Horror review: House of the Dead

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ORIGINALLY PUBLISHED IN THE GEORGIA STRAIGHT, OCT. 16, 2003

One night a few years back, I was hanging with a few friends on Granville Mall, killing time before a concert, when we decided to saunter into a nearby arcade. After blowing a few bucks on the extreme road-race games, I found myself drawn to the House of the Dead console. The images of marauding zombies being blasted by gunfire gnawed at my dark side, and before long I was pumping loonie after loonie into the hungry machine. The computerized killing spree was highly addictive and a ton of fun, even if the zombies splattered me as much as I splattered them.

It was definitely a lot more entertaining than this tedious big-screen version of the game.

House of the Dead takes place during spring break, with your typical gaggle of smart-ass bimbos and bozos hell-bent on getting to a big rave on a remote island near Seattle (it’s B.C., actually). After missing their scheduled boat ride by 15 minutes, these dimwits desperately try to charter a vessel from a freaky, uncooperative dude named Salish (perennial weirdo Clint Howard, Ron’s bro). He tells them to get lost, but then the boat’s intense captain, Victor Kirk (Das Boot’s Jurgen Prochnow), agrees to get them to the island for a mere thousand clams. During the crossing, one of the guys gets seasick and vomits directly into the face of a skanky blond, which gives her a good reason to go below, wash her top, and display her tits—much to the delight of the freaky dude.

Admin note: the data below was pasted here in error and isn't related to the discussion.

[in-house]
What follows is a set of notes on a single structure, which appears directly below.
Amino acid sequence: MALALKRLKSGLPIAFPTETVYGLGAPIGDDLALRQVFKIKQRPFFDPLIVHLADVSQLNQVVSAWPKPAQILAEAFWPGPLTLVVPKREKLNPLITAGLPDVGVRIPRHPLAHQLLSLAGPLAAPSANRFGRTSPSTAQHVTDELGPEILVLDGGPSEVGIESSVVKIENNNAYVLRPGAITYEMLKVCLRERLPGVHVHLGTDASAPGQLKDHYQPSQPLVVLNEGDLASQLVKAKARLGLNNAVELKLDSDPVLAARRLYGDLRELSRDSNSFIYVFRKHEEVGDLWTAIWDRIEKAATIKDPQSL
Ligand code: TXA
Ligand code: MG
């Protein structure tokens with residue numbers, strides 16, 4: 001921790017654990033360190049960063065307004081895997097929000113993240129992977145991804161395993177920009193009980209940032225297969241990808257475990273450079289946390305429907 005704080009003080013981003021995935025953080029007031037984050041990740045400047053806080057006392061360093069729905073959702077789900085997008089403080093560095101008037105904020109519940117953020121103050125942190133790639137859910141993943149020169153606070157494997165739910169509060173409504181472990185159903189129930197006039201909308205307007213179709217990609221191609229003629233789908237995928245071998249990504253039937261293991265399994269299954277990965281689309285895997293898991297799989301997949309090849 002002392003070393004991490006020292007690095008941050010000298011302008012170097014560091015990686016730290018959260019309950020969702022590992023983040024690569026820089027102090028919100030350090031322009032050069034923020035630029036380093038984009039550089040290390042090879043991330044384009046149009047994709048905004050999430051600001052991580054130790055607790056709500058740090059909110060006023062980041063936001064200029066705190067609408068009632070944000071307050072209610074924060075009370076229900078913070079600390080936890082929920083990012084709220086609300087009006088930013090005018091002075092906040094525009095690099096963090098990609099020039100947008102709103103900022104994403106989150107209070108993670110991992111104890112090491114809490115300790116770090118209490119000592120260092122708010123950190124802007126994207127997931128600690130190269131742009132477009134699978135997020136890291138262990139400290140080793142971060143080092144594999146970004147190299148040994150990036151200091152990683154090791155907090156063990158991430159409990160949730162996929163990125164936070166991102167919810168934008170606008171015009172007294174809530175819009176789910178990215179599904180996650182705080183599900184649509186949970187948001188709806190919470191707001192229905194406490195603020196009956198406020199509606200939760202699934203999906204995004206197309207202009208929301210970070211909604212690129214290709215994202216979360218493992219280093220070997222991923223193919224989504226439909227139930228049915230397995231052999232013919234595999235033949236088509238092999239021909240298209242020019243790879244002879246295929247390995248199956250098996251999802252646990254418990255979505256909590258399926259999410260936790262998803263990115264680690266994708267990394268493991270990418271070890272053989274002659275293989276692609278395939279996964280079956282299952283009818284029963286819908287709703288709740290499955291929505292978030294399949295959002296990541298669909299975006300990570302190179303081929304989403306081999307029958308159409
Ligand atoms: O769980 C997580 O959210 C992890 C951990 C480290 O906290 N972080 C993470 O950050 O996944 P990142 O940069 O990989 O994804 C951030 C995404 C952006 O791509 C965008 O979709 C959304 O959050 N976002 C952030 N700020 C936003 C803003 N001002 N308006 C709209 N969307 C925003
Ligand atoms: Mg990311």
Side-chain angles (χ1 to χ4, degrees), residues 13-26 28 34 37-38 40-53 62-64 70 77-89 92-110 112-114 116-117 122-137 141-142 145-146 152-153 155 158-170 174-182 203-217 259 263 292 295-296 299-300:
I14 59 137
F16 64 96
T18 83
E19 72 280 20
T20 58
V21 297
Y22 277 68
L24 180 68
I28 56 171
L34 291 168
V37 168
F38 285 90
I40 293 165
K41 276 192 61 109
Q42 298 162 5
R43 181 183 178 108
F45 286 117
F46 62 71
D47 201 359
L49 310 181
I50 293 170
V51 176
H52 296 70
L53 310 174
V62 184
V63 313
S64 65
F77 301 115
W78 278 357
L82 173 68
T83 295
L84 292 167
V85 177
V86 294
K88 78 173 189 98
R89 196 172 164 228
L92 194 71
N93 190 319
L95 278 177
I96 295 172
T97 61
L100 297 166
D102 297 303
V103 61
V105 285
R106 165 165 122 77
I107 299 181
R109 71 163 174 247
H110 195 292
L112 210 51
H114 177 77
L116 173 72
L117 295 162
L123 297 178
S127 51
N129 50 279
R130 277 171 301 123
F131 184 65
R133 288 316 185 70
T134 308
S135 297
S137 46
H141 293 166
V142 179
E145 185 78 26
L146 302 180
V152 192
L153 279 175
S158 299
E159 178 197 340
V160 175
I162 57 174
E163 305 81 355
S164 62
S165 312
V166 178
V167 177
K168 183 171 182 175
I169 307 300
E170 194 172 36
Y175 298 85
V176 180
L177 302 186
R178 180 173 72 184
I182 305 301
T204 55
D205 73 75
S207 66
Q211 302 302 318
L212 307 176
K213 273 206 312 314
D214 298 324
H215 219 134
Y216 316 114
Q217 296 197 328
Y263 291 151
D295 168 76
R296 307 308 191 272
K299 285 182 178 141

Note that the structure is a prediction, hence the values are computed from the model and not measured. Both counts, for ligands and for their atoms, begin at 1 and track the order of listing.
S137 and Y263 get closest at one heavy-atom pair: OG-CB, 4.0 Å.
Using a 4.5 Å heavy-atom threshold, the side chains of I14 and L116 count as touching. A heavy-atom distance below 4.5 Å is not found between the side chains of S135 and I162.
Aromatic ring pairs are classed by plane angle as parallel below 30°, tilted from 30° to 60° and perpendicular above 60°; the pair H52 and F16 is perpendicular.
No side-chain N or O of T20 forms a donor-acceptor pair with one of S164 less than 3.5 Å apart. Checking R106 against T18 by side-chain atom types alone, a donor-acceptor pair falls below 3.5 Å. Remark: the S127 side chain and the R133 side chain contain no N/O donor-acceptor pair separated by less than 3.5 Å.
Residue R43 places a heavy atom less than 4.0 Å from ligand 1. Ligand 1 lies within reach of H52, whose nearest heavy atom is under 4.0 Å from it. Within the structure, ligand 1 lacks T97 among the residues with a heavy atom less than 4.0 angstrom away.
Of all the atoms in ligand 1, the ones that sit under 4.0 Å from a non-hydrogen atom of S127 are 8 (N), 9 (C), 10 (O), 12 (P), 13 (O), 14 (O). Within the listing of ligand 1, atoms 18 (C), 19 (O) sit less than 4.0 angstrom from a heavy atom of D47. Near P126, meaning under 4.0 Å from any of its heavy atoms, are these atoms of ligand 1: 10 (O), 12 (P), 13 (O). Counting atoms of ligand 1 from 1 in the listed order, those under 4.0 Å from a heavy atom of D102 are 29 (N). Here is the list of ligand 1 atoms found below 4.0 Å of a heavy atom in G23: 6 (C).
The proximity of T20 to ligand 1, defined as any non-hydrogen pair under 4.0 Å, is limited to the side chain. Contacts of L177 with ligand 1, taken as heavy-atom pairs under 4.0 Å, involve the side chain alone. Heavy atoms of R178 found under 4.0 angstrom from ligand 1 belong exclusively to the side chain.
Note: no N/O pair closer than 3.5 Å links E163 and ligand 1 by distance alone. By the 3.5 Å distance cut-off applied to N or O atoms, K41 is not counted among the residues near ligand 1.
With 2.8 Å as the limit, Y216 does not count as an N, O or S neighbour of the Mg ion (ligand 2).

When they get to the rave site, it’s totally deserted, and not just because someone let Bif Naked be the deejay. Seems the place is teeming with bloodthirsty zombies who’ve wiped out almost all of the gyrating partiers and are primed to chomp on the latecomers. When the battle begins, it’s like an extended trailer for S.W.A.T., as the would-be ravers arm themselves with Capt. Kirk’s smuggled stash of high-powered weapons. But the novelty of seeing rampaging zombies get shot in the head wears off after 40 minutes or so.

And no amount of supposedly cool, Matrix-style slow-mo effects can change that.

I suggest you skip the House of the Dead movie, take the 10 bucks you’d have spent to see it in a theatre and blow it all on one trigger-happy session with the exhilarating game. But be careful. Recent studies show that prolonged exposure to violent video games can lead to actual violence. And I’d hate for anyone to get so wrapped up in exterminating the undead that they snap and go off on a real zombie massacre.

Certain politicians in Victoria wouldn’t stand a chance.

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